• Several of Flagg's lieutenants (Whitney Horgan, Jenny Engstrom, Ace High and Ronnie Sykes) come to realize how nuts he is and plot to flee Las Vegas. Flagg is revealed to be aware of this, but doesn't consider them important enough to bother stopping. Unfortunately, Whitney and Jenny haven't left yet during the climax and die with everyone else in the city. Its unclear if Ronnie and Ace High had left ahead of them or died as well.
  • In Star Carrier: Deep Space, the Slan decide that the Sh'daar deliberately lied to them both about the nature of their current enemy (humanity), and about the nature of the universe. Lying is a big no-no in Slan culture, and their CO tells the Sh'daar equivalent of a Political Officer to STFU. They jump out to present their findings to their government, with the implication that the Slan may be reconsidering their allegiance.
  • Star Trek: Deep Space Nine — A Stitch in Time, which presents the life story of Elim Garak. By the end of the novel, Garak no longer cares for the manipulative politics of his people, and chooses to walk out on a meeting between reactionary officers and would-be-politicians, declaring that he has no place among them.
  • Stephanie Plum: In Look Alive Twenty-Five Dalia the deli waitress quits after one too many mysterious disappearances, declaring that it was bad enough when it was just managers being kidnapped but now that anyone who takes garbage out the back door is disappearing she doesn't want to take the chance. That and she's getting frustrated having to answer the same slew of routine questions for the cops every time they show up to investigate the latest disappearance.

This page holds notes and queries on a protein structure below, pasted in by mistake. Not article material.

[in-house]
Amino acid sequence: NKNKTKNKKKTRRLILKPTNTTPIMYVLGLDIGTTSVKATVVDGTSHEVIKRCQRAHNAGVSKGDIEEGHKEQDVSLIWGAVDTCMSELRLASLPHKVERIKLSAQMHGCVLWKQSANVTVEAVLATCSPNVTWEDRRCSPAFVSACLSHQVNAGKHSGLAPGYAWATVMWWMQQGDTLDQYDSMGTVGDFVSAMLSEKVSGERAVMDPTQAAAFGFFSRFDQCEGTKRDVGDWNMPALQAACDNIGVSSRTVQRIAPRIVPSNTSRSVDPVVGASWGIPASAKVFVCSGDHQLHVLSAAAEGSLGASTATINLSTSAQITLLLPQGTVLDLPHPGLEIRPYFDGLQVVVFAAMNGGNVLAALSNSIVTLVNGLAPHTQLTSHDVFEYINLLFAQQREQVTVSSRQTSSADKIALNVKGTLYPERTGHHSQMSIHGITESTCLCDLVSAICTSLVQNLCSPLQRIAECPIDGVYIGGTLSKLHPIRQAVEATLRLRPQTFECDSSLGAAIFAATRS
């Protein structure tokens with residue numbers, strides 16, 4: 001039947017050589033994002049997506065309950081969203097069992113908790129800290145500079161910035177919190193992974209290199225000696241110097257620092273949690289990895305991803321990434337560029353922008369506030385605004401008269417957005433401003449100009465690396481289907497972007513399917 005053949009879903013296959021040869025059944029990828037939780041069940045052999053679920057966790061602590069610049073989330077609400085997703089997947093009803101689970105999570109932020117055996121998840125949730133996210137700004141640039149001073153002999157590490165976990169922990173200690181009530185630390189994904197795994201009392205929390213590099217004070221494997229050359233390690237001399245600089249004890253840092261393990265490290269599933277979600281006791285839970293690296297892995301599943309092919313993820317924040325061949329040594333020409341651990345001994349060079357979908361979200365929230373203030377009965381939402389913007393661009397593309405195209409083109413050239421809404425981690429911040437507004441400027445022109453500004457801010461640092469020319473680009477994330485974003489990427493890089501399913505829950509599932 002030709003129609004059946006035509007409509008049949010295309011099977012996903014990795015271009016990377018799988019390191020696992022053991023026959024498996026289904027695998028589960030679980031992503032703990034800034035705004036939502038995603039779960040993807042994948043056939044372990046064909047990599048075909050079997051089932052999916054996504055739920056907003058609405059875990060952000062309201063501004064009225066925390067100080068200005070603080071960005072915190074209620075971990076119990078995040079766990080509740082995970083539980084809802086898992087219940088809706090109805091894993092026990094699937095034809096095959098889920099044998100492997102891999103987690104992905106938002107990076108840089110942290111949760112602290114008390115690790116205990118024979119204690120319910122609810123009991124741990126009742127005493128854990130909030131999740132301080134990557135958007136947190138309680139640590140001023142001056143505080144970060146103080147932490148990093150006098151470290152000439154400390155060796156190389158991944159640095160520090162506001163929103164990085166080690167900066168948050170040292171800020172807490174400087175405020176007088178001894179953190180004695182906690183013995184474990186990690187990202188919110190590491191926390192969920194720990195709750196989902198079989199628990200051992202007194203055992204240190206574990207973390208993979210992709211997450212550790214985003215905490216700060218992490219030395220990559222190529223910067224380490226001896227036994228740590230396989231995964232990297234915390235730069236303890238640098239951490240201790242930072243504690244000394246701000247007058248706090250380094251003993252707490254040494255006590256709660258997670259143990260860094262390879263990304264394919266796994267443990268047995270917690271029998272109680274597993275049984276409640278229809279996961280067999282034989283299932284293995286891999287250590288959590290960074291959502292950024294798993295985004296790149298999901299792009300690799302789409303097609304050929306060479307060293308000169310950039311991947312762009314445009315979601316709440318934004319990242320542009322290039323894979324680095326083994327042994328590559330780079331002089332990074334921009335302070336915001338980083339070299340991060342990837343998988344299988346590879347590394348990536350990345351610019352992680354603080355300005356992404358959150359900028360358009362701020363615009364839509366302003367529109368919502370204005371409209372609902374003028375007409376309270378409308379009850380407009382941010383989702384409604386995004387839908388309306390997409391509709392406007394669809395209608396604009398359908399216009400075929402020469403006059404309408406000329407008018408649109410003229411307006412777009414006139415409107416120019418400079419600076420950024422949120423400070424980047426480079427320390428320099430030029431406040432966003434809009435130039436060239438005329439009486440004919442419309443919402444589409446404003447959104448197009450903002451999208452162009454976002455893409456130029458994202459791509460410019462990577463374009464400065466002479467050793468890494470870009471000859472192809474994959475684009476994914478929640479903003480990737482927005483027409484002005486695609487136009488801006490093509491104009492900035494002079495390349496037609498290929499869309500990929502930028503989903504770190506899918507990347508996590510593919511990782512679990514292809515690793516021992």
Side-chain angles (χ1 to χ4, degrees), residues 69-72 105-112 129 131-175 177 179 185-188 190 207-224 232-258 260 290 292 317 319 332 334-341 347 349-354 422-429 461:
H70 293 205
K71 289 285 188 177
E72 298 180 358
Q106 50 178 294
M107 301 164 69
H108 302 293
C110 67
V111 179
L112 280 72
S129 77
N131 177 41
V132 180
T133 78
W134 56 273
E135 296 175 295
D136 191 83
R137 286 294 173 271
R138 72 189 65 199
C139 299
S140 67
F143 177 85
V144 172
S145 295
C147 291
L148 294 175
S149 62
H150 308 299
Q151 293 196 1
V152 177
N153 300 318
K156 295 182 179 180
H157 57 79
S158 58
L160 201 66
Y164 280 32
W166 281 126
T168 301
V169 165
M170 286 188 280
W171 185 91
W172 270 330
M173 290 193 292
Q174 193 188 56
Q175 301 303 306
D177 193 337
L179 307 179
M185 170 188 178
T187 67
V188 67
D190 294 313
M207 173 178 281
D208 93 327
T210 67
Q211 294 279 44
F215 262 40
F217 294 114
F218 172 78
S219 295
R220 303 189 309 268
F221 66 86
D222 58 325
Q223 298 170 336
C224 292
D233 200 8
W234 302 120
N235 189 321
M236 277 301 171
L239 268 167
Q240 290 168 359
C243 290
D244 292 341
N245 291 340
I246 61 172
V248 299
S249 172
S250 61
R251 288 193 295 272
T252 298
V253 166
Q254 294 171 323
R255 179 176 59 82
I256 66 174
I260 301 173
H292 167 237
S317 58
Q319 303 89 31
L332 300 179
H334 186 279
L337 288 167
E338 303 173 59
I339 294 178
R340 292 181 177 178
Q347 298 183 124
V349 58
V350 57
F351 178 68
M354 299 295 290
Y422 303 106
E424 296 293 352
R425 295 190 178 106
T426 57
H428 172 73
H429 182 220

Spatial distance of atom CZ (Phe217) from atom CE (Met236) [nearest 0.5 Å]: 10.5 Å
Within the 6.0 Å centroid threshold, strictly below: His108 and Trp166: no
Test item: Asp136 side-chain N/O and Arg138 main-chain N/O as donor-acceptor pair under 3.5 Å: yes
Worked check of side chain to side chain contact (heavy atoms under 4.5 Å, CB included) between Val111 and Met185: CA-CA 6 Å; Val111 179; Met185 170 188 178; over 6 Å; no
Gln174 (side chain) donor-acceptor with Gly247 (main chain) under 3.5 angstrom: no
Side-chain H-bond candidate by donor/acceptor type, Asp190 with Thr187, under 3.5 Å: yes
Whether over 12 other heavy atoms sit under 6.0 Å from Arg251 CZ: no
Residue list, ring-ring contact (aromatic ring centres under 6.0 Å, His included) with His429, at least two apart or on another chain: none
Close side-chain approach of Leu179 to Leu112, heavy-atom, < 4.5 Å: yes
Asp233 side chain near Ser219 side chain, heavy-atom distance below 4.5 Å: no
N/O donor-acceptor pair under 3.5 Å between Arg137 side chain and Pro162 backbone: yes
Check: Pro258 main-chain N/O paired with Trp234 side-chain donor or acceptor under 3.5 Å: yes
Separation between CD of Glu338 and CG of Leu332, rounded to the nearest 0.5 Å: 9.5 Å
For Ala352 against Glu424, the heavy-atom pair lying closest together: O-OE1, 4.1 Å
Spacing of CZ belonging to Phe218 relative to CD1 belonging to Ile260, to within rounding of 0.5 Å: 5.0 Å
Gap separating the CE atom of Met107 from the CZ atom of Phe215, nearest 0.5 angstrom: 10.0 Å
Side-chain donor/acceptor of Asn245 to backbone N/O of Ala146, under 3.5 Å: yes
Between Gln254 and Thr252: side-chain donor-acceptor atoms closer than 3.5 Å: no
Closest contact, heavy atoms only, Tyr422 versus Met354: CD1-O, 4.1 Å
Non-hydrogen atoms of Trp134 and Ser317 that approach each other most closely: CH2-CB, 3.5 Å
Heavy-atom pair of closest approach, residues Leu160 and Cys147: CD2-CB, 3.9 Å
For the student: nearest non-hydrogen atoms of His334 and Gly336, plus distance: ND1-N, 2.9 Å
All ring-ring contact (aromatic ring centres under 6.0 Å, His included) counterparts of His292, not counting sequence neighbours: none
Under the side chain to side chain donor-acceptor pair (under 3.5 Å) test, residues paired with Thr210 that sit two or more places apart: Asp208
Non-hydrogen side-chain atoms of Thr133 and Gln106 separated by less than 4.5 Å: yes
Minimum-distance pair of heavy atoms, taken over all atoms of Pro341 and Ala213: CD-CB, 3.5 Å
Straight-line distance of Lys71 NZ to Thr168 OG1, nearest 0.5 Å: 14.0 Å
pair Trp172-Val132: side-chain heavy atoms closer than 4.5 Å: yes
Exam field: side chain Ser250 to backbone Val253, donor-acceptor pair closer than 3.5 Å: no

• The Stormlight Archive:
    • For countless eons, the Voidbringers attacked humanity on Roshar in great Desolations, stopped only with the help of the ten Heralds of the Almighty. At the end of every Desolation (or if they died before the end), the Heralds were forced back to Damnation, where they were tortured for centuries until the next Desolation came, at which point they were resurrected to fight again. At the last Desolation, nine of the ten finally gave up, abandoning their oaths and leaving Taln (the only one who had died that time) to suffer the tortures alone.
      Kalak: What do we tell the people, Jezrien? What will they say of this day?
      Jezrien: It's simple. We tell them that they finally won. It's an easy enough lie. Who knows? Maybe it will turn out to be true.
    • Hundreds of years after the Heralds abandoned their oaths, the Knights Radiant discovered "some wicked thing of eminence" that caused every single one of them to betray their oaths and centuries of tradition to turn their backs on humanity and cast aside their Shardblades and Shardplate like trash. By the time the story starts, it is believed that the Radiants (now called the Lost Radiants) actively tried to destroy mankind, but the truth is they just abandoned them to their fate.
  • Swan Song:
    • The day before the nukes, movie theater employee Emiliano quits his job and runs away after a frightening encounter with the Man with the Scarlet Eyes.
    • As Earth House is being hit by the shock waves of a nearby nuke, Sergeant Schorr leaps out of his chair and goes running down the corridor. This proves to be a wise choice, as seconds later the roof caves in, killing or injuring everyone who stayed behind in the control room (including Macklin, who loses his hand as a result).